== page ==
Learning, Learning, Learning

Teach me your way, Lord,
that I may rely on your faithfulness;
give me an undivided heart,
that I may fear your name.

Psalm 86:11

Learn is one of my three words for 2021.

In the process of learning, I am reading, once again, through the scriptures.

In my other reading and studying, I am focusing on British literature and history. I’ve been listening to a British history podcast at home and when traveling to a Shakespeare podcast.

I’m working on my Spanish, thanks to Duolingo.

And, thanks to a friend, I am trying to learn to play the ukulele. So far,I’ve learned that my fingers are too soft, and too big.

I’m still trying.

I have other things I want to learn.

But, I’m also learning that I can’t jump back into things too fast.

I was far too busy before the pandemic, even for someone who didn’t have my diagnosis.

I’m endeavoring, or learning, not to do that again.

In other words, I’m learning to say no.

Actually this week I learned to say I’m sorry I initially said yes, but I have to say no.

And that’s okay.

I wrote yesterday about the importance of people and relationships.

Just as important, or at least almost important, is recognizing that it’s okay to say you don’t want to do something, or you don’t want to try something.

I realize I run the risk of having my Southern card revoked, but a few years back I accepted the fact that I just don’t enjoy deviled eggs. They show up at just about any southern gathering and to be polite one would end up on my plate.

I was finally able to say “You know, I really don’t like these.”

And that’s also okay.

Learning, whether the big things or the small things doesn’t stop when we finish school.

I’m learning daily.

Perhaps more realistically, I’m learning daily what I just don’t know.

That’s also, also okay, as long as I don’t stop.

Probably the biggest thing I learned this week was something I already knew. Don’t wait until 10:00 p.m. the night before to come up with a blog topic.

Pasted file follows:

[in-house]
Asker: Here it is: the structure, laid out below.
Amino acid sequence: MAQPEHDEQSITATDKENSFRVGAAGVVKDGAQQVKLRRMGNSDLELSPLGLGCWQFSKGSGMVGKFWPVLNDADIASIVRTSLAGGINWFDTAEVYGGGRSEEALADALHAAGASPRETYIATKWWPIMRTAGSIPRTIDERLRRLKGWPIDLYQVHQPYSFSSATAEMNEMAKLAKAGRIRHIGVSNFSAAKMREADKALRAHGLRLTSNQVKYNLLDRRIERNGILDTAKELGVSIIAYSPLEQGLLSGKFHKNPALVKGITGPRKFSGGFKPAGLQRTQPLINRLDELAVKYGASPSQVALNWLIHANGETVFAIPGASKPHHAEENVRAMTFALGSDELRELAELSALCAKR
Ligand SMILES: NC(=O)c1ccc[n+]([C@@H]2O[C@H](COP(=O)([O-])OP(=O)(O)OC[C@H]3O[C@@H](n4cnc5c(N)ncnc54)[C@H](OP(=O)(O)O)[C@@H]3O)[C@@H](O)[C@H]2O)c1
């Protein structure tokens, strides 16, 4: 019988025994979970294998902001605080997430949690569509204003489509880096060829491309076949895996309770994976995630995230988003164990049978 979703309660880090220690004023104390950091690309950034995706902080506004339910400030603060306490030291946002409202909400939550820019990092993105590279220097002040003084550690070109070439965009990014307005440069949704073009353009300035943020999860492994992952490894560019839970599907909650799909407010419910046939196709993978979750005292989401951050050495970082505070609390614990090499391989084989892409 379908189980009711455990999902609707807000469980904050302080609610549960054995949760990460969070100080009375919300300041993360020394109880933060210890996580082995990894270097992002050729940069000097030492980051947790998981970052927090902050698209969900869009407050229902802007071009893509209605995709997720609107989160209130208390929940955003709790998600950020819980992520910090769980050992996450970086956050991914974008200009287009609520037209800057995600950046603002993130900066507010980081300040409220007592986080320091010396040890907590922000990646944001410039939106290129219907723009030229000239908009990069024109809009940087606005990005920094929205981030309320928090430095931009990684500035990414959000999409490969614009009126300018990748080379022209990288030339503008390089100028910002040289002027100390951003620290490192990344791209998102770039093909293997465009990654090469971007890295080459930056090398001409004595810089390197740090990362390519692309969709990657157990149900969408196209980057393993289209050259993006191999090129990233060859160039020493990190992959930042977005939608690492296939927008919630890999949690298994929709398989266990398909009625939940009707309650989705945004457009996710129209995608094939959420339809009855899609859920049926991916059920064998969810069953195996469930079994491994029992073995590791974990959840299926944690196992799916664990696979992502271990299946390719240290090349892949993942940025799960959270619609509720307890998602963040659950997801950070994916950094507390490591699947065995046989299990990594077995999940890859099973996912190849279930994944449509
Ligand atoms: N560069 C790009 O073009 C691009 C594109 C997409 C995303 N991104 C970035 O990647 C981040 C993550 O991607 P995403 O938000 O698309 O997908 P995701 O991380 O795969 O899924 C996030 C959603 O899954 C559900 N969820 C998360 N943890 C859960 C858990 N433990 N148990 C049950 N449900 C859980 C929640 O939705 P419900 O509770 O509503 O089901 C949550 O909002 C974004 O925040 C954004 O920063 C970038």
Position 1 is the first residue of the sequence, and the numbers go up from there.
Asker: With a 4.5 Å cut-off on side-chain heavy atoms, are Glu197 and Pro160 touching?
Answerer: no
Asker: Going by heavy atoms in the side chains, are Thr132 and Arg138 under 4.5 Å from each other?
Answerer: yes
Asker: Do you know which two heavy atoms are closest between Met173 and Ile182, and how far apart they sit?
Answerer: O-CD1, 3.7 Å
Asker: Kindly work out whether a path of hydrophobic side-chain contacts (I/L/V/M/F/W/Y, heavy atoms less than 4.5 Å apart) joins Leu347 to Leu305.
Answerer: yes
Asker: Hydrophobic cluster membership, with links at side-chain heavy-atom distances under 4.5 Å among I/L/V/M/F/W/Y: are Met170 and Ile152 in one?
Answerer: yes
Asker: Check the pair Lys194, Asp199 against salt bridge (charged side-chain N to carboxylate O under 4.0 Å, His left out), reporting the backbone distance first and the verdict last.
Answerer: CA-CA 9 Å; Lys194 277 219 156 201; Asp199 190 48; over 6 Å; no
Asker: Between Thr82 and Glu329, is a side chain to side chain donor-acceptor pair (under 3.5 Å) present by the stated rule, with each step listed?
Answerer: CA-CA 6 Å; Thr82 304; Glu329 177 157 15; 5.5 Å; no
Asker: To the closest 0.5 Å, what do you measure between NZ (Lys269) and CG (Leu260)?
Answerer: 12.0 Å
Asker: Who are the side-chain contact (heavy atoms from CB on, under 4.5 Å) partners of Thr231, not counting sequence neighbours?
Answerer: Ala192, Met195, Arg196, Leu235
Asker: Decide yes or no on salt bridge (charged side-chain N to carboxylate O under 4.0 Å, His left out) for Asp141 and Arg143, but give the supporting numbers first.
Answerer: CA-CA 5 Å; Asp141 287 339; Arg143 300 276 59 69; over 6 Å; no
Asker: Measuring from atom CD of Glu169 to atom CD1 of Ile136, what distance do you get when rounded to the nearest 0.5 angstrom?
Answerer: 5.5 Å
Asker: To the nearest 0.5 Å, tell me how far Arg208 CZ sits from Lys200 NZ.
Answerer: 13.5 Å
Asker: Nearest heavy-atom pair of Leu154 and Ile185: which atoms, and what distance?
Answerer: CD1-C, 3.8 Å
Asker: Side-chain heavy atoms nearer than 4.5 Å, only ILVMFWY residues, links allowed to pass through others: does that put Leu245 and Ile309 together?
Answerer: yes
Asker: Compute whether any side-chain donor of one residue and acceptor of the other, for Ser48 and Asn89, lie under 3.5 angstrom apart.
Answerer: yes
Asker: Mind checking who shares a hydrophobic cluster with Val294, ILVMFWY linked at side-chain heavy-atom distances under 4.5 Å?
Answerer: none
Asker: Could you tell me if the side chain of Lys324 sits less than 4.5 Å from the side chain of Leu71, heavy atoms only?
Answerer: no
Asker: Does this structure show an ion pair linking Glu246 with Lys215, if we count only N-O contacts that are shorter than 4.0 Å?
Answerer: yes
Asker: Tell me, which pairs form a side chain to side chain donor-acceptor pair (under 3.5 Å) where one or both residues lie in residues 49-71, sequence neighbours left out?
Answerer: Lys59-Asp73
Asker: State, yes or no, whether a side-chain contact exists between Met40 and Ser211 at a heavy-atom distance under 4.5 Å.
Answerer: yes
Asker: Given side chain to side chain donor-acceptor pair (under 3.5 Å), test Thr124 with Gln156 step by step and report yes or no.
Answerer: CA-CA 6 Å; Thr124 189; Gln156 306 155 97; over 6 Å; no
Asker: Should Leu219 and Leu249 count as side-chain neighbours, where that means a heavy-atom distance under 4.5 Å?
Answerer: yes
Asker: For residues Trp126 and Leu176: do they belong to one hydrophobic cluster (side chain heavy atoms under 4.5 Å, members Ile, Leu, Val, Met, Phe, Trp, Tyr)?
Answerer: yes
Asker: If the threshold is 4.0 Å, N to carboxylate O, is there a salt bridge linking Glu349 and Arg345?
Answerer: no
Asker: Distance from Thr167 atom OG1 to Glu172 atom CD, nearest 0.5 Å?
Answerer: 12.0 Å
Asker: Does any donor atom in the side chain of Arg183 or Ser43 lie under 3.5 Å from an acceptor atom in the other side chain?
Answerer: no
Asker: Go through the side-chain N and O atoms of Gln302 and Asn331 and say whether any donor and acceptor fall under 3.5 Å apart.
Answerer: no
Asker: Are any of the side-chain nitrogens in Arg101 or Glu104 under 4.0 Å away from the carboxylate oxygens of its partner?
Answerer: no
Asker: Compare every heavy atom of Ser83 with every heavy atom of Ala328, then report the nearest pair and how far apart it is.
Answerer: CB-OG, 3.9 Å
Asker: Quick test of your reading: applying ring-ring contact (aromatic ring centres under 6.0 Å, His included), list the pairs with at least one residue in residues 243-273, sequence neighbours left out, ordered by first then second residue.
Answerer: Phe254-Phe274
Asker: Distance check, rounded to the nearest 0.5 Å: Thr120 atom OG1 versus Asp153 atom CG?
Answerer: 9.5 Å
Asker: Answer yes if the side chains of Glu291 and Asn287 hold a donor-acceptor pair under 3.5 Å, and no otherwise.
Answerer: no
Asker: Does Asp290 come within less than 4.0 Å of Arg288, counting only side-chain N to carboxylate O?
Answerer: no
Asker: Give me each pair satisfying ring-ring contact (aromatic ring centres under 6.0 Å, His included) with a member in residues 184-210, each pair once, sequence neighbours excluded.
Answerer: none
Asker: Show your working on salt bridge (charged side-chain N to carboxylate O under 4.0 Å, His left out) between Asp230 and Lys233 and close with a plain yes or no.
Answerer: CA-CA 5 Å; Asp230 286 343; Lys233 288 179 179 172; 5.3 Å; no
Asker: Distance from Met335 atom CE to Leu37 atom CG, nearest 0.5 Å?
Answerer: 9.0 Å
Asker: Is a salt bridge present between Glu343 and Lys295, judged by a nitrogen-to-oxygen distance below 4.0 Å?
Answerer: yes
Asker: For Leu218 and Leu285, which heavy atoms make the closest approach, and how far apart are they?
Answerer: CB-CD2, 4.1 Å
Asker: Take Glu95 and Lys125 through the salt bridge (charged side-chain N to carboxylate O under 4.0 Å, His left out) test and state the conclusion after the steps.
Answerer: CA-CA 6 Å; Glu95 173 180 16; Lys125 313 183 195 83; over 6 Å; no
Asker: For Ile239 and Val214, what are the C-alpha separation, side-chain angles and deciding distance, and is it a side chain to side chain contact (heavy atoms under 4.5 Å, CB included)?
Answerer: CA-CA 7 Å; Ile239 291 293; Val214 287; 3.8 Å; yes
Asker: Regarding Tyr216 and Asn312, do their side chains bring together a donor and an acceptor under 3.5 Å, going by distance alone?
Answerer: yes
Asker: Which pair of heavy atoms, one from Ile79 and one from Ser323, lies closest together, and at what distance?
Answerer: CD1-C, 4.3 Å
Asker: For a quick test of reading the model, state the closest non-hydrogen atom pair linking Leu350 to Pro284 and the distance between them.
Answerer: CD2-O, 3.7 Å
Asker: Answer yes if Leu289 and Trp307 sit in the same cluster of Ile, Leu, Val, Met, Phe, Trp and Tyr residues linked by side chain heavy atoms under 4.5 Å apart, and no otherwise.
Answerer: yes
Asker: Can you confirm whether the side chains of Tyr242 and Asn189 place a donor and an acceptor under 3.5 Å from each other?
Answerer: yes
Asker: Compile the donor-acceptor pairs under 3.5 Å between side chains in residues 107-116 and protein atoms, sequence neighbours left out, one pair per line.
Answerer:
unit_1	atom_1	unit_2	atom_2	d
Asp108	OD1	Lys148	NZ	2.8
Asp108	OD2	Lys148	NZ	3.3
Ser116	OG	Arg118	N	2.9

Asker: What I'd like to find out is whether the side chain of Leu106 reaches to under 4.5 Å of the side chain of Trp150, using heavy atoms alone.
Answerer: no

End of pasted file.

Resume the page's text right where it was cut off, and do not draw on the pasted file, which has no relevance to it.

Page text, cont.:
Sorry for the rambling, but thanks for stopping by.

Photo by Aaron Burden on Unsplash


Giles County, Virginia

“A happy family is but an earlier heaven.”

George Bernard Shaw

It’s another Monday morning in September and we are back from a weekend of remembering.

The nation, and the world, collectively remembered the horrors if the 9/11 attacks. There were ceremonies and flag wavings and prayers.

Many chose to post remembrances on Facebook or other social media outlets. Yours truly did as well.

Several of my friends posted the moving account of Todd Beamer’s last conversation with the operator as he told her of their plans, and asked him to call his family, before joining fellow passengers in rushing the pilot’s cabin on Flight 93.

You know the rest of the story.

It was a somber day. At day that many reflected on what we had learned.

Or if we had learned.

I’m not so sure we did.

On a more personal level, my wife and I traveled to my ancestral home in Southwest Virginia for a reunion of cousins.

We had a good time of fun and fellowship, and a good amount of food.

It was good for all of us to return. Well, most all of us. A couple were not able to make it due to last minute health challenges (not COVID-related).

But that’s the challenge you face when the youngest among you is in her 50s.

Our time together was short, but it was important.

If COVID and cancer have taught me anything, it’s the importance of relationships, family or otherwise.
Over the course of the last six months, my wife and I have lost a total of nine family members or friends. Again, non COVID-related.

Circumstances and distance meant that we only made it to about half of the funerals. One does get weary.

But these things are important.

Likewise, reunions are important.

Many woke up on September 11, 2001 not knowing they would never see their loved ones again.

Heaven forbid that we have another attack, but we all wake up daily with no guarantees.

So, make the most of the moment. Make the most of those opportunities to spend time with family, to hang out with friends.

My cousins and I did a lot of story-telling and talking about those who have gone on before.

And at one point we were talking about how so many of them are waiting for us on the other side.

The memories were sweet, but none of us wanted to go back to the way things were when we were growing up.

We have a hope of what lies ahead.

If I could turn back time, I probably wouldn’t.